No matter what the music sounded like, it was a sure bet that the lyrics and English pronunciation on Ella Doron’s debut album Ella vs. Mountain were going to be spot-on. After all, the Galilee-based singer/songwriter’s mother is Helen Doron, the British-born Israeli founder of the international Helen Doron method of teaching English to youth.
But not only did Ella prove to be a model English student growing up, she was also blessed with the musical gene. And Ella vs. Mountain’s music sounds just fine, thanks – a potent blend of nuanced acoustic pop with electro and jazzy overtones, all sung in a clear voice boasting a sharp, radio-friendly British accent. The album’s first single, “Charmed Life,” a bouncy singsong anthem in the “New Soul” vein of Yael Naim, has “international hit” written all over it, as does the rousing “My Country’s Rising.”
According to Doron, it’s an album that she’s been working on her whole life, growing up in Hararit, an idyllic mountaintop Galilee village known for its affinity for counter-culture staples like transcendental meditation, conservation and vegetarianism, and spending summers in England with her grandparents and extended family.
“I started singing the day I started to speak – they all came together,” said Doron in a phone interview last week a few days before her official debut performance of Ella vs. Mountain which takes place tonight (Sunday) at the Tmuna Theater in Tel Aviv.
“My mother signed me up to the Suzuki method of learning the violin when I was four [based on learning from the environment]. You listen to the music, you don’t learn how to read the notes, but look for them yourself while listening. I wasn’t very good with the violin but I did end up being very musical and by the time I was seven, I was playing guitar and piano.”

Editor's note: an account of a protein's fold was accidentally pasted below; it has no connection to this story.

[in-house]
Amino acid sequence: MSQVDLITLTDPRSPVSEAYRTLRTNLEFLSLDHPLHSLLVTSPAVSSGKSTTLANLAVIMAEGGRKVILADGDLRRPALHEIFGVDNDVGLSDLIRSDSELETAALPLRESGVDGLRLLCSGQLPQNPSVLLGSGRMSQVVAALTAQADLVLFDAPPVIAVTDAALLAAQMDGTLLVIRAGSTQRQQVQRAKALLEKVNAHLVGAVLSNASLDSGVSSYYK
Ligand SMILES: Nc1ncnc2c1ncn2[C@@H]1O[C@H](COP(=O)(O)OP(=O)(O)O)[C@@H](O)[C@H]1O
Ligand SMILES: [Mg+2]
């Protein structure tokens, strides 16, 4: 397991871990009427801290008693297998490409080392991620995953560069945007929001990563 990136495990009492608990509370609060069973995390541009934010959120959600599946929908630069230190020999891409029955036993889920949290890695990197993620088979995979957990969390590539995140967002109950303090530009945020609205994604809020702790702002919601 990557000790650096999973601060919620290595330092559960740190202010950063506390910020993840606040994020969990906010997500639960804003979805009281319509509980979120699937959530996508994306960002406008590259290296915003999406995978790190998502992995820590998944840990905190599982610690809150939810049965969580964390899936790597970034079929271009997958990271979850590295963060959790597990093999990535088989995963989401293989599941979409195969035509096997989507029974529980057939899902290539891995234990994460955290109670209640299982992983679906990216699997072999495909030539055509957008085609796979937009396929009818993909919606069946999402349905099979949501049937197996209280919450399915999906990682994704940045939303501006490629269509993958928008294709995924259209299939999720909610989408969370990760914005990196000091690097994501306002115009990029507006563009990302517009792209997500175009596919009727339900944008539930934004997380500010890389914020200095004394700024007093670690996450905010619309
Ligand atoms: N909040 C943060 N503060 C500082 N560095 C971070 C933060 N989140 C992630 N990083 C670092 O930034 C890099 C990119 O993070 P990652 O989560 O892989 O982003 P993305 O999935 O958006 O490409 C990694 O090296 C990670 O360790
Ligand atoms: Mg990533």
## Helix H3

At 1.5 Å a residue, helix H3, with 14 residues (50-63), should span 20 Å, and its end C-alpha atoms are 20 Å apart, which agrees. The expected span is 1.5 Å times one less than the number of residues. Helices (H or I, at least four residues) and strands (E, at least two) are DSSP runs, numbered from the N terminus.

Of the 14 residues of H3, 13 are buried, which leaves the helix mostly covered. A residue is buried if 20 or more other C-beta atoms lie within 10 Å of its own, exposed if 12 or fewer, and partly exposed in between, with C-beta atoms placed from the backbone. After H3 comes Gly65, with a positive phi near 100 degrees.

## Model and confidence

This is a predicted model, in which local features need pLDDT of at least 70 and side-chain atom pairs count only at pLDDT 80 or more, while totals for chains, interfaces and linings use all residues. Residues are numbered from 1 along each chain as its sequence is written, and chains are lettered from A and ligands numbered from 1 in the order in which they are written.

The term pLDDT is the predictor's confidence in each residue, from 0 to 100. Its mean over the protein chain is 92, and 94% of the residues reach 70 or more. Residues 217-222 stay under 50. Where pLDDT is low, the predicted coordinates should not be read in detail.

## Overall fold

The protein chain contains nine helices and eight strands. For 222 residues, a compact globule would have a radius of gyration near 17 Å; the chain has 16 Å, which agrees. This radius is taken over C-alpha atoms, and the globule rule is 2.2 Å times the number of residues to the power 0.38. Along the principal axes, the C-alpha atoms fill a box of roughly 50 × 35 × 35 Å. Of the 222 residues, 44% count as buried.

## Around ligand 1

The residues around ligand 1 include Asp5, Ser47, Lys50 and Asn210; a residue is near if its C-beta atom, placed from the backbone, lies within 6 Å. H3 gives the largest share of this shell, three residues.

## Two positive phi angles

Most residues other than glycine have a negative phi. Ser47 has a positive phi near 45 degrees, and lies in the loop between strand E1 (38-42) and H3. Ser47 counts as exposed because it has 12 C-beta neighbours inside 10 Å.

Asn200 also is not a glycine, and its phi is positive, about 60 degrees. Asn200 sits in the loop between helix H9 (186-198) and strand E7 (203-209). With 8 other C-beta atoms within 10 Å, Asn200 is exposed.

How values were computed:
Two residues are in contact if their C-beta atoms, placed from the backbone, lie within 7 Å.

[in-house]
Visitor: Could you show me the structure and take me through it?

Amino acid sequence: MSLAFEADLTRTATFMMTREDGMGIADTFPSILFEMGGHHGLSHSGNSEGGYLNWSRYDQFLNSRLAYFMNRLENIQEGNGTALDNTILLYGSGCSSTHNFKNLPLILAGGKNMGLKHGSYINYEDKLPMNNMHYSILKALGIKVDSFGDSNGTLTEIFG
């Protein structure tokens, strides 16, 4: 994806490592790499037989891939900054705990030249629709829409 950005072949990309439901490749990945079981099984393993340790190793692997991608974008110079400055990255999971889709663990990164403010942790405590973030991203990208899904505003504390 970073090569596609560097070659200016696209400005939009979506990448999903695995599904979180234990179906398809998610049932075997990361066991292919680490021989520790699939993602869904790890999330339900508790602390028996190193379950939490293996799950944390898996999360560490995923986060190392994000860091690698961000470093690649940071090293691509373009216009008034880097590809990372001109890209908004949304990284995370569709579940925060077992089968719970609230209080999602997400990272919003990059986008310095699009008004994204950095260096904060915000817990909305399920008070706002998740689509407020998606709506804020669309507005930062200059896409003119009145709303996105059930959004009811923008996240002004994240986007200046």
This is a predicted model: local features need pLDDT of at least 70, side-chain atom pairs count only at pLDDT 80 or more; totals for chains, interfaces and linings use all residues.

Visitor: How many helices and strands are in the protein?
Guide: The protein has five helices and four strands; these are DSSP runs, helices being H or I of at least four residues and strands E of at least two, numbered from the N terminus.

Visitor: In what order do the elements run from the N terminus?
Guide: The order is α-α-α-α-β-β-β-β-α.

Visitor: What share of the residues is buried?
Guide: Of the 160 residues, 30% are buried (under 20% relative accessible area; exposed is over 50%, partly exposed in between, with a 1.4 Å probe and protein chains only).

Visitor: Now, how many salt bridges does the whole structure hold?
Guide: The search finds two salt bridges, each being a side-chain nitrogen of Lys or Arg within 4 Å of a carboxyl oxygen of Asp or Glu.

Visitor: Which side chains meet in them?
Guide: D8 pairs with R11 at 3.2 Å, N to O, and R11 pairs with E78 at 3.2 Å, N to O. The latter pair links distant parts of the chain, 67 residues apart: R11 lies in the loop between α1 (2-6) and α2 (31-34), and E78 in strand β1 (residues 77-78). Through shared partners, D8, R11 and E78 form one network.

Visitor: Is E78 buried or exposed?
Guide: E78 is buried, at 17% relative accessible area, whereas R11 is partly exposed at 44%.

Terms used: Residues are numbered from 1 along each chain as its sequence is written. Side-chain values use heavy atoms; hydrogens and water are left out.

The precocious Doron joined her first band when she was 13, and by the time she was 16, she had completed her high school matriculation and psychometrics tests.
“I was a rebel, and I quit high school, but I did everything I needed to do,” she said.
“I figured that if the only reason I’m here is get these tests done, I would do it on my own and get it out of the way.”
She then enrolled at the prestigious Rimon School of Jazz and Contemporary Music. It almost doused her musical ambitions.
“It was a terrible experience – I was too young and not ready for it,” she said. “I didn’t know what I wanted or who I was, and everybody else seemed to know more than me and had more confidence. I left to join the army and said to myself, ‘that was nice, I don’t have to do it anymore. I’m never going to be a singer.”
But by the time she finished her army service and began studying for a political science degree at the Interdisciplinary Center (IDC) in Herzliya, she had returned to writing, recording and making music.
“I joined the IDC band and another band, but was still convinced it was just a hobby,” she said. “But I was constantly writing songs and performing. The day I graduated, I made the decision that I was going to pursue music.”
Having a secure “day job” producing and recording her mother’s audio and video material for English business, Doron had the flexibility to devote time to her music, which led her in some interesting directions.
In addition to singing in numerous commercials, children’s TV programs and animation series, she also sang background vocals for Mosh Ben-Ari and recorded some vocal tracks for local trance band Intersys, which turned into an unlikely hit in Mexico.
“They’re pretty big in Mexico, and I’ve gone with them to perform there a few time,” said Doron. “We play at big parties of like 5,000 people, where everyone is dancing to the sound of your voice. It’s something I can’t imagine getting to here, but it’s amazing. I understand why they say ‘God is a DJ’– when you stand there on a big stage and every movement, every look, every thing that you do or say sets off people like a wave, it’s a very powerful feeling.”